The hydrogen catalyst to the EV revolution – Are FCEVs or BEVs the future of green transport?

In November 2021, UK Prime Minister Boris Johnson announced the dawn of the electric vehicle (EV) revolution, fuelled by new regulations and investment pledges across all stages of the EV supply chain. From charging stations to electricity generation, new projects will begin across the UK in 2022. But there’s one key ingredient that will transform the sector’s sustainability credentials — hydrogen. Here, Simone Bruckner, Managing Director of resistor manufacturer Cressall, explains how hydrogen can make the UK’s EV revolution a reality.

With bans on the production of new diesel and petrol-powered vehicles looming, encouraging widespread consumer uptake of more sustainable vehicle choices is becoming an urgent matter. Uptake seems to be increasing — according to The Society of Motor Manufacturers and Traders (SMMT) demand for battery electric vehicles (BEVs) more than doubled between November 2020 and November 2021. But if transport is to decarbonise before its 2050 deadline, there’s more to do to make BEVs carbon neutral.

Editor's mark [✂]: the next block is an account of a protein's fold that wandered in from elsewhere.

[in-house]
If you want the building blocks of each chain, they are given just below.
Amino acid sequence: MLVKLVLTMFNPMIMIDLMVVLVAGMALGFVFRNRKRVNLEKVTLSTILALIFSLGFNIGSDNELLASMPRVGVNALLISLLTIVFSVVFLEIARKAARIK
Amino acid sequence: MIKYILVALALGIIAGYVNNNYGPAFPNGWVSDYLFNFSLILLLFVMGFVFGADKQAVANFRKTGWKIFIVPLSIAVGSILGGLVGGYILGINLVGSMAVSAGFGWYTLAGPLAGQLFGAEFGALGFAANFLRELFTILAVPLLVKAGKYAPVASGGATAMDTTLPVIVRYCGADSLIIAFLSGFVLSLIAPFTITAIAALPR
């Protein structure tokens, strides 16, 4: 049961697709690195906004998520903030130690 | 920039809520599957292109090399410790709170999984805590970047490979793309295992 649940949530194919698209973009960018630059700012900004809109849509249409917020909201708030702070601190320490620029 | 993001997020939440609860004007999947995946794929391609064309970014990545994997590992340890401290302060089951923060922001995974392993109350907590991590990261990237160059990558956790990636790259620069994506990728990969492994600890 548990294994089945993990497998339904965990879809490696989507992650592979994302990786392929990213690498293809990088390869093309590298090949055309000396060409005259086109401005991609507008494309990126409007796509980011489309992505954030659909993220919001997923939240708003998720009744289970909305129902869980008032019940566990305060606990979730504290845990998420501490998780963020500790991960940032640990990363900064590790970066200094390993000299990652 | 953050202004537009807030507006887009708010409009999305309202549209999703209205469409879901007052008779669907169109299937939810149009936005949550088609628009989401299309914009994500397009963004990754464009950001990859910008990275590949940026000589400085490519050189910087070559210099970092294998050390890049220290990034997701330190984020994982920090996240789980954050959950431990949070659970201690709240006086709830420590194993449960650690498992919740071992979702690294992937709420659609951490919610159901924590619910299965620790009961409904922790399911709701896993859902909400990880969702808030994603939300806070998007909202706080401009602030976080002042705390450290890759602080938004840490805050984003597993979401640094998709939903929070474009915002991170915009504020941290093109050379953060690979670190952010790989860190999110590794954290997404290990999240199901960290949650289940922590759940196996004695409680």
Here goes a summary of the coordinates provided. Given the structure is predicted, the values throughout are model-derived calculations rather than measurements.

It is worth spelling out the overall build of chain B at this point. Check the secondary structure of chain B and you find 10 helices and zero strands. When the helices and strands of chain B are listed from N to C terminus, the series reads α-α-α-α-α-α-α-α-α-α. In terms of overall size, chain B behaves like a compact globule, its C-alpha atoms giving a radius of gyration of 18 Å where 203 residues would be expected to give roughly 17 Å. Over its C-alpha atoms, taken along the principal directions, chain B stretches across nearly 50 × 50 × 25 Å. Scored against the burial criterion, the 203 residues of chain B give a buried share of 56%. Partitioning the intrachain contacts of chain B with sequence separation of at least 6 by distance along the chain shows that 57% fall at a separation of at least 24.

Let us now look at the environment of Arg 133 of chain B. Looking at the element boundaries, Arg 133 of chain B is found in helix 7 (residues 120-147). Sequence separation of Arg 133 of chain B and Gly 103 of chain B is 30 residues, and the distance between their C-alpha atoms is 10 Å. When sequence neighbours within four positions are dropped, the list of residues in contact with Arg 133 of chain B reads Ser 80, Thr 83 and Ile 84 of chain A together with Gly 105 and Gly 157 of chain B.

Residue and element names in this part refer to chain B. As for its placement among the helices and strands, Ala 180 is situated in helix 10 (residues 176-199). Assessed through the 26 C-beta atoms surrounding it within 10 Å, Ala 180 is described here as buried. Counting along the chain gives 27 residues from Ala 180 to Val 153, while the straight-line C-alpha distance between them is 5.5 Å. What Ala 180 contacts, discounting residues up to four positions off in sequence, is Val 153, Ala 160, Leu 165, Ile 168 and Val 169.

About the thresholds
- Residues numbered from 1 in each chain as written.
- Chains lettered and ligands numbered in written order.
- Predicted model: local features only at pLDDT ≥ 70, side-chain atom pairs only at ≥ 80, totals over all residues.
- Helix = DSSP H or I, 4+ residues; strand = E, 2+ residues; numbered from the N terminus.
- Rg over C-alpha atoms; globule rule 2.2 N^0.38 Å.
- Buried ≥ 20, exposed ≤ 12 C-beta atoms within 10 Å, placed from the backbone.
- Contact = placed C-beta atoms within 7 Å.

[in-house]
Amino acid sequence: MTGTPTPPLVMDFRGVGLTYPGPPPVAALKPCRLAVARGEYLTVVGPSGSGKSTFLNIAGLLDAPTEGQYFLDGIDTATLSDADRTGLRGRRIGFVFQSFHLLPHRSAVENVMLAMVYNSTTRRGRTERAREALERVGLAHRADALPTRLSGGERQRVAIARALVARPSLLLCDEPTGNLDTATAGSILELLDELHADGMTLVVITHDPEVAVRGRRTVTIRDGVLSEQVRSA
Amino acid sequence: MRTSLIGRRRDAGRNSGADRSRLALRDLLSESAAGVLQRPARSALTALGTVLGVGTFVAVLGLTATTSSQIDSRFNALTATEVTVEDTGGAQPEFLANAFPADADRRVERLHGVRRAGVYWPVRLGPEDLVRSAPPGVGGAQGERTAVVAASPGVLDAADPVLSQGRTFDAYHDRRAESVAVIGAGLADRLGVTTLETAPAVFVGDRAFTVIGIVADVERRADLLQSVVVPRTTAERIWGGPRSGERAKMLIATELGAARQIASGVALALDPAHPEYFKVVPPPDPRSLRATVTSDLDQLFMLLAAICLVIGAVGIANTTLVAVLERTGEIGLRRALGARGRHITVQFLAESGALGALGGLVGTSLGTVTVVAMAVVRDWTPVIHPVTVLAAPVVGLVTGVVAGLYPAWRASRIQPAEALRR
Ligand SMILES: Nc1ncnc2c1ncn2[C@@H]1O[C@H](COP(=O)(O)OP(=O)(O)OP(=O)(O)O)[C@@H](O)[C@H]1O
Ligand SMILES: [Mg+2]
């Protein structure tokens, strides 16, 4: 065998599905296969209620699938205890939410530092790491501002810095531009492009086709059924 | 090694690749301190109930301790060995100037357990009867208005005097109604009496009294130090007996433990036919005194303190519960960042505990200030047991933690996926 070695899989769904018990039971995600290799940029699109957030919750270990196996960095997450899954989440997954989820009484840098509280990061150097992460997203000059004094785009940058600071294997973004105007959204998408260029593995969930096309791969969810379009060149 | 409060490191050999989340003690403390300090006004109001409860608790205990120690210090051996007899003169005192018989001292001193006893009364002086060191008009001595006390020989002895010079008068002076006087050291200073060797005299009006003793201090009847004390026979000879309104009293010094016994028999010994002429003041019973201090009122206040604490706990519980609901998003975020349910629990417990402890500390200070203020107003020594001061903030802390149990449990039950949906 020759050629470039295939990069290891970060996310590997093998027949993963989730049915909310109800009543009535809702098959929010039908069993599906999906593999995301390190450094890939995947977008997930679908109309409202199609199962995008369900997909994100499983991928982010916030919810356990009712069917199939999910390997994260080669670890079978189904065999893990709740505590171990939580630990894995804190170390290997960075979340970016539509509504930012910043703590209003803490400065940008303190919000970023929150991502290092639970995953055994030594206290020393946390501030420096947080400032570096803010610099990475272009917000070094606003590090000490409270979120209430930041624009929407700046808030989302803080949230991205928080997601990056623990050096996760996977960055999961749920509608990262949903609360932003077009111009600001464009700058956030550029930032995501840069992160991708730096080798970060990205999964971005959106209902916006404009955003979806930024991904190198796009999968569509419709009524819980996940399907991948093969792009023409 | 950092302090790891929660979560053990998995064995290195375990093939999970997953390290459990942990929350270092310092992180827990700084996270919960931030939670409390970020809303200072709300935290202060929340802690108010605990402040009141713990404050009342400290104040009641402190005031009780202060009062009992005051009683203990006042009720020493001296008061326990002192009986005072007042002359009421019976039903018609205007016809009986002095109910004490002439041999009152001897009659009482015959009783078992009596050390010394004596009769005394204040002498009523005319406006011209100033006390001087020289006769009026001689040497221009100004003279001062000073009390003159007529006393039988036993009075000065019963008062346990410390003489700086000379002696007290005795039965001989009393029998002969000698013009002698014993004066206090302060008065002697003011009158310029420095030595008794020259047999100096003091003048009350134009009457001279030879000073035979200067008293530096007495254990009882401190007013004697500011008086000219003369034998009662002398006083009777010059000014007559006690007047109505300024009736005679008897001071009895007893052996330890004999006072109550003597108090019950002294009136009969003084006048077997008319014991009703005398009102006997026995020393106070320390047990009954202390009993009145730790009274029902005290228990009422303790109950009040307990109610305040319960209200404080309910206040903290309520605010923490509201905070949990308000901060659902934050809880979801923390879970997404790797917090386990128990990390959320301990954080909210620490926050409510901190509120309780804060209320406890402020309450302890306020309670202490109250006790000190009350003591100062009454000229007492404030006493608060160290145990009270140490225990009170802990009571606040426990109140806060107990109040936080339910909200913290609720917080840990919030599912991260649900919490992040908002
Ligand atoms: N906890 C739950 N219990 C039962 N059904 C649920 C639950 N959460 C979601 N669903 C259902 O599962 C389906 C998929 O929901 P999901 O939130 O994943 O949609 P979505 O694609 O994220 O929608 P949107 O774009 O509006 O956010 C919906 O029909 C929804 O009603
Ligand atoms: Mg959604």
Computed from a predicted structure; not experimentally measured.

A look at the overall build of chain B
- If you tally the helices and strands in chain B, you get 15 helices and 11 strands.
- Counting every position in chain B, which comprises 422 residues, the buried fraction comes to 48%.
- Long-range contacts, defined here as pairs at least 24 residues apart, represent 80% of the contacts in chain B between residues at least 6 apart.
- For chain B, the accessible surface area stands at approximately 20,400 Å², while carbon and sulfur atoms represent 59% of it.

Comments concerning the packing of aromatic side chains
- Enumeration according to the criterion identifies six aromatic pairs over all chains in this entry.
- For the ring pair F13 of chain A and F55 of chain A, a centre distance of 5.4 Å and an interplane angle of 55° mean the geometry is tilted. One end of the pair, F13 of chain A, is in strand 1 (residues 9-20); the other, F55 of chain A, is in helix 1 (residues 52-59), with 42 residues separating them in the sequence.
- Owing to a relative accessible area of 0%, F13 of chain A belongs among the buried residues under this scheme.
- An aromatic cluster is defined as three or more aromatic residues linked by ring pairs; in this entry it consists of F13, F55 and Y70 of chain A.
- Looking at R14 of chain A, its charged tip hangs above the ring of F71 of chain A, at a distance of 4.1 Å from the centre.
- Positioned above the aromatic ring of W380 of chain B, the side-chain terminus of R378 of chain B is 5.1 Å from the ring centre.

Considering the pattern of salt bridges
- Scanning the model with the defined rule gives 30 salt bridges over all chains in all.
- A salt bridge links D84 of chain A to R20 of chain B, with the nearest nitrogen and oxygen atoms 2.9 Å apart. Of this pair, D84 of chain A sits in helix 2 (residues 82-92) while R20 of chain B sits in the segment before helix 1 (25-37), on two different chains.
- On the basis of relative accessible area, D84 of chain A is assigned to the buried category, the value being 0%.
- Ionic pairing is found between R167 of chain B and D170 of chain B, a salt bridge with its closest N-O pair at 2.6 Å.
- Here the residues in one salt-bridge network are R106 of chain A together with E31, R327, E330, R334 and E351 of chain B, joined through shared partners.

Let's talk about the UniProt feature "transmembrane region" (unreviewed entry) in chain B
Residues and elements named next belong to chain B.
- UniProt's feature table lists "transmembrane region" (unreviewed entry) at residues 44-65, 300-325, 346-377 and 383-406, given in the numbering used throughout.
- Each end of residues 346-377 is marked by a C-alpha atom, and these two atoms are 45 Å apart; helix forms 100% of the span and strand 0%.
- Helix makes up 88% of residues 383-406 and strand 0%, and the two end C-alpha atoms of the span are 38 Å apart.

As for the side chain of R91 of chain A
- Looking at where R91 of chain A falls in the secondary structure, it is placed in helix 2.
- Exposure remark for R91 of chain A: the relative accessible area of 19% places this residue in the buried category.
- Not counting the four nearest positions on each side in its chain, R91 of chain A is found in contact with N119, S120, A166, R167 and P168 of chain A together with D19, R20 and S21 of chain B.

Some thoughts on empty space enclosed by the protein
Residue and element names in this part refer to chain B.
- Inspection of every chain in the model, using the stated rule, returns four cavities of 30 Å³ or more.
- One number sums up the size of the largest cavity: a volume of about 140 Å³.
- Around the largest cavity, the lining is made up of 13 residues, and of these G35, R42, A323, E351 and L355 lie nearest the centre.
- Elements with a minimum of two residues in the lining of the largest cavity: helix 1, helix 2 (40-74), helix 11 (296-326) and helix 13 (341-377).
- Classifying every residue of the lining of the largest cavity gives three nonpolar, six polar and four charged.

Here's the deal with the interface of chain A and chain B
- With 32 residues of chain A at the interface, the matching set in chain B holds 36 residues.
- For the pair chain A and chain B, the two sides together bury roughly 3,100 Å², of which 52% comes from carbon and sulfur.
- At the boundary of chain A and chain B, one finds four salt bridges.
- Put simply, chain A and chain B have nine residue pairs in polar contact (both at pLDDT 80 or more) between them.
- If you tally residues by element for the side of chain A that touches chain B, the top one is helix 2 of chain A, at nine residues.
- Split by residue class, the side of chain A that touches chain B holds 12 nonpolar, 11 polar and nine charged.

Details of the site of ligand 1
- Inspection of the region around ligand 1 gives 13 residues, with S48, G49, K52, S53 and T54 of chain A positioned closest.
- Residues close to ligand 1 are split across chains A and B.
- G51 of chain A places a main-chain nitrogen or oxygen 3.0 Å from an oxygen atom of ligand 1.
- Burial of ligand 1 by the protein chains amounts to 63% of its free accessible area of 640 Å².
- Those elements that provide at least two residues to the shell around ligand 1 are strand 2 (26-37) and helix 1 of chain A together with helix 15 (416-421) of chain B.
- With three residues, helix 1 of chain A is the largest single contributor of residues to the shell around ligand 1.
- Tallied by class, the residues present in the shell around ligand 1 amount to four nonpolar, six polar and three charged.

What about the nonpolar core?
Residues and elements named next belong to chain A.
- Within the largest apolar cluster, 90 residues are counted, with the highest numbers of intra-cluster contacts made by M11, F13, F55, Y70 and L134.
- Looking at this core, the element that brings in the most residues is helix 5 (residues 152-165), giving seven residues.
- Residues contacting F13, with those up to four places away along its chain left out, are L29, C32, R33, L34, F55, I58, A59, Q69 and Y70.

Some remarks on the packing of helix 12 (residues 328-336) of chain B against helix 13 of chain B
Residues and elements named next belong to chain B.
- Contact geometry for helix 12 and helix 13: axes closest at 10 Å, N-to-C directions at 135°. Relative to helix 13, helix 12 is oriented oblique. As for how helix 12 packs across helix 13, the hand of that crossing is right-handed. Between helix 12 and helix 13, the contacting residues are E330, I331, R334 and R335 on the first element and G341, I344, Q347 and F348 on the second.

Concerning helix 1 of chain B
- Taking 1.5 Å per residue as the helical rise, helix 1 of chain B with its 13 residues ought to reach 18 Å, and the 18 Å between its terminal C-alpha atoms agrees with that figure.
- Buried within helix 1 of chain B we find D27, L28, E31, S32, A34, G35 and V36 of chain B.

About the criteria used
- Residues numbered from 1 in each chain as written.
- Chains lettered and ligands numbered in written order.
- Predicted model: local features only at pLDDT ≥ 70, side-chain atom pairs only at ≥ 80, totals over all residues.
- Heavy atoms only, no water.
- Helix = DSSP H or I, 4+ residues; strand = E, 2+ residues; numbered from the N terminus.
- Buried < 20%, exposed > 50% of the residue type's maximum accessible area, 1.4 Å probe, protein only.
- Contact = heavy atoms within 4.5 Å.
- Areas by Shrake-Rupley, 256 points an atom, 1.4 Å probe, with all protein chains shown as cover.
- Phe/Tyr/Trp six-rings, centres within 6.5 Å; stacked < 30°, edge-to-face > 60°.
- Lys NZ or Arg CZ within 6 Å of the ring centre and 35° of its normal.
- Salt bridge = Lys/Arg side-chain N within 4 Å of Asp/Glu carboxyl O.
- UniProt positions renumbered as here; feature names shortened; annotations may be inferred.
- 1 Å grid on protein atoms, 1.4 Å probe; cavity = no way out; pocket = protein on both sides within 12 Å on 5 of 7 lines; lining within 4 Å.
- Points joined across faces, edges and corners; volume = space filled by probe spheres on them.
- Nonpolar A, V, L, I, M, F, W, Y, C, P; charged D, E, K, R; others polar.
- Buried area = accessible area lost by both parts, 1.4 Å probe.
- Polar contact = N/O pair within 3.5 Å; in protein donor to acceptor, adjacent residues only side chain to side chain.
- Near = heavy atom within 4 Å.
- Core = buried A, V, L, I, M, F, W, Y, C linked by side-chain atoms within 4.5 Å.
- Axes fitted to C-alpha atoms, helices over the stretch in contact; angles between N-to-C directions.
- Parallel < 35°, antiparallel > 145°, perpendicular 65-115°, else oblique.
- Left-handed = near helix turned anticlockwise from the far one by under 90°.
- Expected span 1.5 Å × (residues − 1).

BEVs’ sustainability shortfalls

Fully decarbonising BEVs is tricky. Using energy from the National Grid means that the sources used for electricity generation directly affect BEVs’ environmental impact. The grid is becoming more renewable and is set to be net zero by 2050. But there is an added challenge. According  to The Committee on Climate Change, electricity demand is set to double from today’s 300 TWh requirement to 610 TWh by 2050 thanks to BEV uptake.

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